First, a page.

Feedback Circuit Techniques

Lecturer: Kent Lundberg
All electronic systems employ feedback. All analog circuits, including op amps, oscillators, filters, and power supplies (just to name a few), critically depend on feedback. Some of these feedback loops are explicit, some are implicit, some are intentional, and some are unintentional. In all cases, the analysis and design of circuits using feedback requires the knowledge of analytical techniques, creative design, and an appreciation for possible trade-offs. Understanding feedback theory, and its use in practical applications, is the key to successful system design.
  1. Introduction to Feedback Circuit Techniques
    • Some op-amp history
    • Simple op-amp circuits
    • Feedback systems
    • Block diagrams
  2. Desensitivity and Return Ratio
    • Benefits of feedback
    • Return ratio
    • Blackman
    • Middlebrook
  3. Linear System Behavior
    • Transfer functions
    • The Laplace transform
    • Time and frequency response
    • Elmore delay
  4. Feedback Analysis Tools
    • Closed-loop poles and zeros
    • Phase margin
    • Nyquist criterion
    • Nichols plots
    • Root-locus plots
    • Crossover frequency and phase margin
  5. Op-Amp Transfer Function
    • General-purpose transfer function
    • Integrators and differentiators
    • Decompensated op amps (OP27 vs. OP37)
    • Good generality, bad optimality
  6. Compensation and Design
    • Phase and gain margin
    • Gain setting
    • Dominant pole
    • Lag and lead
  7. Internal Op-Amp Compensation
    • Op-amp transfer function
    • Pole splitting
    • Minor-loop feedback
    • Reducing steady-state errors
  8. Driving Capacitive Loads
    • Gain reduction and overcompensation
    • Out-of-the-loop and in-the-loop resistance
    • Output snubber circuit
    • Minor-loop compensation
  9. Current Feedback Amplifiers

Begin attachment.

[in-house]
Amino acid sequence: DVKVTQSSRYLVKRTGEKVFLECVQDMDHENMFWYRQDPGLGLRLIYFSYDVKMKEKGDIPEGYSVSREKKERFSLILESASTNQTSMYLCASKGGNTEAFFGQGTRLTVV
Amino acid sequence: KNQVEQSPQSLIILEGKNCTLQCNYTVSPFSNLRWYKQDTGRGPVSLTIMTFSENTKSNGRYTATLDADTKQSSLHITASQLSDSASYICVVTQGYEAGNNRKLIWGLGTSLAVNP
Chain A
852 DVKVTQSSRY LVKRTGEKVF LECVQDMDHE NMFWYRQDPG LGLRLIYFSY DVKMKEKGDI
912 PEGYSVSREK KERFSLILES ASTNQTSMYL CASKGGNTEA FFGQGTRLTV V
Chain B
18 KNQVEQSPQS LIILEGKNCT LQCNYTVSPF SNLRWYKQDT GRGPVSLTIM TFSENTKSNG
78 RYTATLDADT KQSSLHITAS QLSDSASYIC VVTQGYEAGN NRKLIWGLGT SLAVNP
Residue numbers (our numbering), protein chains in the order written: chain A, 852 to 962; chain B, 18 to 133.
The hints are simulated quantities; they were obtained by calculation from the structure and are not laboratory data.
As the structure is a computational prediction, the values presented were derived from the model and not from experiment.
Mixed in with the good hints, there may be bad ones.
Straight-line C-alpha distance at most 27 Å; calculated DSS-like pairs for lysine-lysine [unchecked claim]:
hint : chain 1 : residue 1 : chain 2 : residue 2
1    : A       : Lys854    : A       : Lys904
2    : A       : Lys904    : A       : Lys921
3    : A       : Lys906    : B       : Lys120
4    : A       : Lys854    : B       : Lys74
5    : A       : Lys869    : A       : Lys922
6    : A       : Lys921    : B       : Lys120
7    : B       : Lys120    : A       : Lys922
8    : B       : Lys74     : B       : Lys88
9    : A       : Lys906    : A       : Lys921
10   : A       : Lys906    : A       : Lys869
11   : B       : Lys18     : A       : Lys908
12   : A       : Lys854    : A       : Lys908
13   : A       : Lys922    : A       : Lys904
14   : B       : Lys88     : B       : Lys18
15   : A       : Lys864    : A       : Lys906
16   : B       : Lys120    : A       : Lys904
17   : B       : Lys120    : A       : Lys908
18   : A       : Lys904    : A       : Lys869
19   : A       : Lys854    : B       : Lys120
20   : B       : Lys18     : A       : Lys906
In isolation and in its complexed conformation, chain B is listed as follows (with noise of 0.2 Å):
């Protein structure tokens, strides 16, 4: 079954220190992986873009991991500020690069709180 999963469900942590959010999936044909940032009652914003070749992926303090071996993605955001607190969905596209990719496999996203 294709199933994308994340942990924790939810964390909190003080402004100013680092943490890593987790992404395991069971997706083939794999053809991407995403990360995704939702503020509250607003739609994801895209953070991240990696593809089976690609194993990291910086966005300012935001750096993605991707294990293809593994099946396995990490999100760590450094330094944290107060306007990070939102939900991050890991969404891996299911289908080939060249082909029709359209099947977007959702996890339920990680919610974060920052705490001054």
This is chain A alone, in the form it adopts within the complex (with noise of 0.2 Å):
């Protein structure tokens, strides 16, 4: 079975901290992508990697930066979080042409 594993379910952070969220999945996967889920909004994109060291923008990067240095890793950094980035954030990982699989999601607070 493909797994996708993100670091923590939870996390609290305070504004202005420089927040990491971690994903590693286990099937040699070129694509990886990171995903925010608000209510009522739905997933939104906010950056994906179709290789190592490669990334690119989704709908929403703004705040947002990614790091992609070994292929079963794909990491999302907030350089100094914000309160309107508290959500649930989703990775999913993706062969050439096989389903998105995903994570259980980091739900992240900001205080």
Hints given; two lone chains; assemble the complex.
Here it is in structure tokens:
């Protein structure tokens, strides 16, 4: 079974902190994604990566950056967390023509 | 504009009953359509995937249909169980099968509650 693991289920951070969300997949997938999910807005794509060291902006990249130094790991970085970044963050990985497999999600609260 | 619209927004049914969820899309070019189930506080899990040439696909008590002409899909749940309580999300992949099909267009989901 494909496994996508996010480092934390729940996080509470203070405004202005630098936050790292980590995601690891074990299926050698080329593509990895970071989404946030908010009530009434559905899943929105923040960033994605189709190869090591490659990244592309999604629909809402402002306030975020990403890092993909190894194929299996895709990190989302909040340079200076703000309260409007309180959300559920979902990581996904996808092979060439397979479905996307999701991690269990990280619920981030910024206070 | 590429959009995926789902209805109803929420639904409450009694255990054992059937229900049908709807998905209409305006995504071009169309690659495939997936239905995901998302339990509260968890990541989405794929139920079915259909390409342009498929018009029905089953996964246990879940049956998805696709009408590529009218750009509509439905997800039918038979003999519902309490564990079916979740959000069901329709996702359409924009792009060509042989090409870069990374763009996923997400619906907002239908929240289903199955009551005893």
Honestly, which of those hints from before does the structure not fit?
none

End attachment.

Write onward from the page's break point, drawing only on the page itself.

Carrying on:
• Voltage op amps
    • Current-feedback amps
    • Implementation
  10. Oscillators
    • Amplitude control
    • Shape
    • Limit
    • Feedback

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Kent H. Lundberg is an educator, consultant, and historian. He is president of Keeling Flight Hardware, Ltd., which provides design, research, and educational consulting services in the fields of aerospace, electronics, and control systems for companies, universities, and government organizations.

Since 2008, Dr. Lundberg has been a Visiting Professor at Olin College of Engineering, where he teaches courses in controls, circuit design, and instrumentation. From 2002 to 2005 and in 2011, he was a Lecturer with the Department of Electrical Engineering and Computer Science at the Massachusetts Institute of Technology. His research and teaching interests include the application of classical control theory to problems in analog circuit design, and the development of educational toys (lecture demos, take-home laboratory kits, and tutorial computer applications) for feedback systems and control engineering.

Dr. Lundberg was the Associate Editor for History of IEEE Control Systems Magazine from 2004 to 2011. He attended M.I.T. earning a Bachelor's degree in physics in 1992, and a Ph.D. in electrical engineering in 2002. He owns 43 Tektronix oscilloscopes, and he obsessive-compulsively collects analog synthesizers, technology artifacts, and classic textbooks on radar, nuclear energy, analog computing, and control.

Last updated at 10:11 on Thursday, 10 Jan 2013. by Kent Lundberg